Next, take a look at your pool’s bottom and sweep up any smaller bits of debris with a nylon brush attached to your vacuum system. Make sure you pay special attention around corners where dirt might tend to accumulate more frequently than elsewhere in the pool area.
If you use an automatic cleaner during summertime:
“When closing down my aboveground swimming pool for winterizing, removing all visible defects or unwanted substances found in it organically helps avoid future damage.”
If you’ve been using an automatic pool cleaner throughout summer season, make sure you give it a thorough cleaning before putting it away along with equally keeping its filter bag cleaned well enough. You don’t want residual algae build-up near its inlet wells creating clogging problems when used next year endnote checking hose lengths before storage,. Maintaining cleanliness within proper ways throughout routine maintenance can lead one towards safety & longevity regarding their pools operation while saving customers considerable money long-term costs once seeking repairs outside periodic maintenances.
Store the Pool Equipment
One important aspect of closing down an above-ground pool is storing all the equipment properly. Neglecting this step can lead to damage or even safety hazards during next year’s use.
The first step in preparing for storage is ensuring that everything is clean and dry. Scrub any remaining debris off of your vacuum, skimmer basket, hoses, etc., and let them air out completely before putting them away.
To store the pump, filter, heater (if you have one), and other electrical components safely over winter:
“It’s essential to drain any water from these items before hibernating season begins.”
This significant necessity will prevent freezing issues come next swimming season whenever you intend on utilizing it again. Make sure there aren’t any extra-water left inside these appliances since they are susceptible to breaking when frozen.
In general terms, most fabric covers prefer preserving in a cool environment with little humidity as much as possible while ensuring it stayed securely fastened so that nothing gets into your pool via windstorms – leaves/debris/etc..
If using a solar blanket specifically designed for wrapping over top your regular protection layer (mesh cover usually suffices most people needs) place it neatly folded together if there’re no holes/transparent spots upon inspecting – typically stored somewhere warm-like the garage throughout long cold months ahead!Above ground pools may give our families endless hours of summertime fun but taking care of shutting them down every fall can ensure longevity!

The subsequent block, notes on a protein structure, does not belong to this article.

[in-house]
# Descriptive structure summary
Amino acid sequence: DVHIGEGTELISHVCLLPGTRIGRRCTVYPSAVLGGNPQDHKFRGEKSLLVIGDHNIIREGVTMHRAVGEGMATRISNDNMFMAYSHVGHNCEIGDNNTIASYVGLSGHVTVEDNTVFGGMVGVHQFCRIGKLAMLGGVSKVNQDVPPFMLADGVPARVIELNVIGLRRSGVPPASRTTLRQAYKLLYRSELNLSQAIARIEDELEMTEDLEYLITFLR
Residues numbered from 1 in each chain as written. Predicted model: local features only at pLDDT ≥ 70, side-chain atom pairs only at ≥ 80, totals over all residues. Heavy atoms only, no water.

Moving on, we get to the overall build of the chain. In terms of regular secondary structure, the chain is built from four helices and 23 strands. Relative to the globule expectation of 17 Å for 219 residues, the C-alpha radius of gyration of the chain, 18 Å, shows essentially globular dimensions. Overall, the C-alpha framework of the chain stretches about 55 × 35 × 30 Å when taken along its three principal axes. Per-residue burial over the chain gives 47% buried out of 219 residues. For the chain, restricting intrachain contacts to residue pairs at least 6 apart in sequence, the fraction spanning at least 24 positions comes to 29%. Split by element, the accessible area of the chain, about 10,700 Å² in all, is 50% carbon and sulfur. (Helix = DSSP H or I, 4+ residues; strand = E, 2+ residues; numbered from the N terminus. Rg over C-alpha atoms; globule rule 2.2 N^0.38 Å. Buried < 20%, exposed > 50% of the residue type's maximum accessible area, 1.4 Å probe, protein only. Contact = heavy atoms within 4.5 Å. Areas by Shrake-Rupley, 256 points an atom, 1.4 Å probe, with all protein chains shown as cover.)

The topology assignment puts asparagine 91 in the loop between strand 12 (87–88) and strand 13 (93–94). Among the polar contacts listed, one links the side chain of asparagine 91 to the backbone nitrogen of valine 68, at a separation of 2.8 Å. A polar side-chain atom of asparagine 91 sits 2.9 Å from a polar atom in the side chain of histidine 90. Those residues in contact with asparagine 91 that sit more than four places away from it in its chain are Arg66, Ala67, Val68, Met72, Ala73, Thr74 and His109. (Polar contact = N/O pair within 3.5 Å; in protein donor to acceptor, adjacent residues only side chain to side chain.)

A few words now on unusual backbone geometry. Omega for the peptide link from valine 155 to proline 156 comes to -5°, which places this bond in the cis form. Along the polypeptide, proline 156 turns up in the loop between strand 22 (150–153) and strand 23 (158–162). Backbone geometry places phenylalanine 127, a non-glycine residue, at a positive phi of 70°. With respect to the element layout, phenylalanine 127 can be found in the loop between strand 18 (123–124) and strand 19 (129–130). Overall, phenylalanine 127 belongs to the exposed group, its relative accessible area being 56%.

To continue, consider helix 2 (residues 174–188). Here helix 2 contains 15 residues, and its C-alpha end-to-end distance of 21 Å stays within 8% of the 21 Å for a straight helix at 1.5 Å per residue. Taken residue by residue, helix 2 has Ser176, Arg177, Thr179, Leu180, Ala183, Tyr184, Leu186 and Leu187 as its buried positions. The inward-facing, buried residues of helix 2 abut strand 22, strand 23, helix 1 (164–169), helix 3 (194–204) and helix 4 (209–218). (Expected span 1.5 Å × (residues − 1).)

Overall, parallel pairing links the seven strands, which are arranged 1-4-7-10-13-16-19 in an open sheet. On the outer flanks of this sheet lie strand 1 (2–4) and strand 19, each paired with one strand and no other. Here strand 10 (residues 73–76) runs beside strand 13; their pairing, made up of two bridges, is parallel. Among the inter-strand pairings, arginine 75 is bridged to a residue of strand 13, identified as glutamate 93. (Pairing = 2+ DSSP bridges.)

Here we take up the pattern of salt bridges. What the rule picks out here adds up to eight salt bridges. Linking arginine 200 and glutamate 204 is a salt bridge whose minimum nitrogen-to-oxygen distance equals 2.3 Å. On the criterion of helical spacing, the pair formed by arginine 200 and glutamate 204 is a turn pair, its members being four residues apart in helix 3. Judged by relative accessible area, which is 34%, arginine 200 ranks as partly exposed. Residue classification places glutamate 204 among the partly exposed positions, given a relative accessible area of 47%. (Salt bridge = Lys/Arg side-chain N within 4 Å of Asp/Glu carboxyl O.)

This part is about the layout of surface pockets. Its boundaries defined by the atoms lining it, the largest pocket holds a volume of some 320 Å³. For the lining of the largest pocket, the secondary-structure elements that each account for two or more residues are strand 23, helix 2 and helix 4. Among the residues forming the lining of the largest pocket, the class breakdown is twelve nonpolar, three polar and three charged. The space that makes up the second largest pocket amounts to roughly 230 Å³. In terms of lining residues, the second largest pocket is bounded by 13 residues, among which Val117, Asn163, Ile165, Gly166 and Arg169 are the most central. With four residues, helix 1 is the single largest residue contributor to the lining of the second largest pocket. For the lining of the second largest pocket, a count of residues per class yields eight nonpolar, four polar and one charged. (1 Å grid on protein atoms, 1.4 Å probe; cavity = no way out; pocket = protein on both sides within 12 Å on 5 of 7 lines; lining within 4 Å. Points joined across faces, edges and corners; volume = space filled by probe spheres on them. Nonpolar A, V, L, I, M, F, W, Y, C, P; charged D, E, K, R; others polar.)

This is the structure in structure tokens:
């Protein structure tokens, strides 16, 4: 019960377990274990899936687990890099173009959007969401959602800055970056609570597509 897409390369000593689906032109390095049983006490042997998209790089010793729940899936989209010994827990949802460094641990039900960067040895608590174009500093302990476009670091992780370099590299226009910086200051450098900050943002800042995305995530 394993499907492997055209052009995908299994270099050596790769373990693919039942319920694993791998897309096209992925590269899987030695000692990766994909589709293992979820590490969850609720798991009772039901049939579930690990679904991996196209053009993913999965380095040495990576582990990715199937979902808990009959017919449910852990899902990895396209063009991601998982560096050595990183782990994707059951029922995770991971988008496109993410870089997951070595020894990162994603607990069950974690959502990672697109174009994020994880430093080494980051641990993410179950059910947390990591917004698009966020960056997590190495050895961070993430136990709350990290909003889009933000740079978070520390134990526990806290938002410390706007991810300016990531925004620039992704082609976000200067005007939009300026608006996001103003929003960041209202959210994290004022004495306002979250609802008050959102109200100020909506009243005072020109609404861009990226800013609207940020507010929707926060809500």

Remove the Ladder and Store It Away
The ladder is an important tool for getting in and out of the above ground pool, but it can also be a hazard when not in use. Before closing down your pool, make sure to remove the ladder and store it away safely.
Not only does removing the ladder reduce the risk of accidents, but it can also help prevent damage to your pool cover. If left in place, the ladder could snag or tear the cover during high winds or heavy snowfall.
“Removing and storing any accessories such as ladders will extend their life span.”
To remove your pool ladder first ensure that there are no slippery areas around its base which may cause you to slip. Carefully lift up towards yourself one side at a time until both sides loosen from their position on either side of the swimming area’s rim; then finally allow enough room so that each leg can be pulled crosswise through where they fit into this space between two supports before lowering them onto dry firm ground nearby or specific storage location allocated by you with shelving installed beforehand if required according to instructions supplied together with possible lubrication tips contained therein.
Clean off any debris on your valuable asset carefully inspecting for possible damage & wear (as well as proper secure hinge points etc.) Then store by leaning vertically next to inside walls separating shed doors opening access pathways without disturbing other equipment hung behind especially skimmer net attachments/leaf traps, lounge chairs, floats masks flippers, fins.Note:
- If plastic outdoor steps were used instead of traditional metal aluminum ones because they tend rust less easily due drier air conditions, a precaution would caution ensuring unlocking ties fastening pair against accidentally scratching any surface below-including stability tip overs. Perhaps a spot reserved to stack or hang might make it accessible when needed yet less obtrusive later.
Take Down the Pool Cover and Store It in a Dry Place
Now that you have drained your pool, it’s time to take down the pool cover. This is an essential step as leaving the cover on can cause mold and mildew growth, not to mention making it more challenging to open your pool when you’re ready.
The first thing you should do is remove any debris from the top of the cover using a broom or leaf blower. Doing so will make sure no water gets trapped on top of the lid – which could damage it over winter.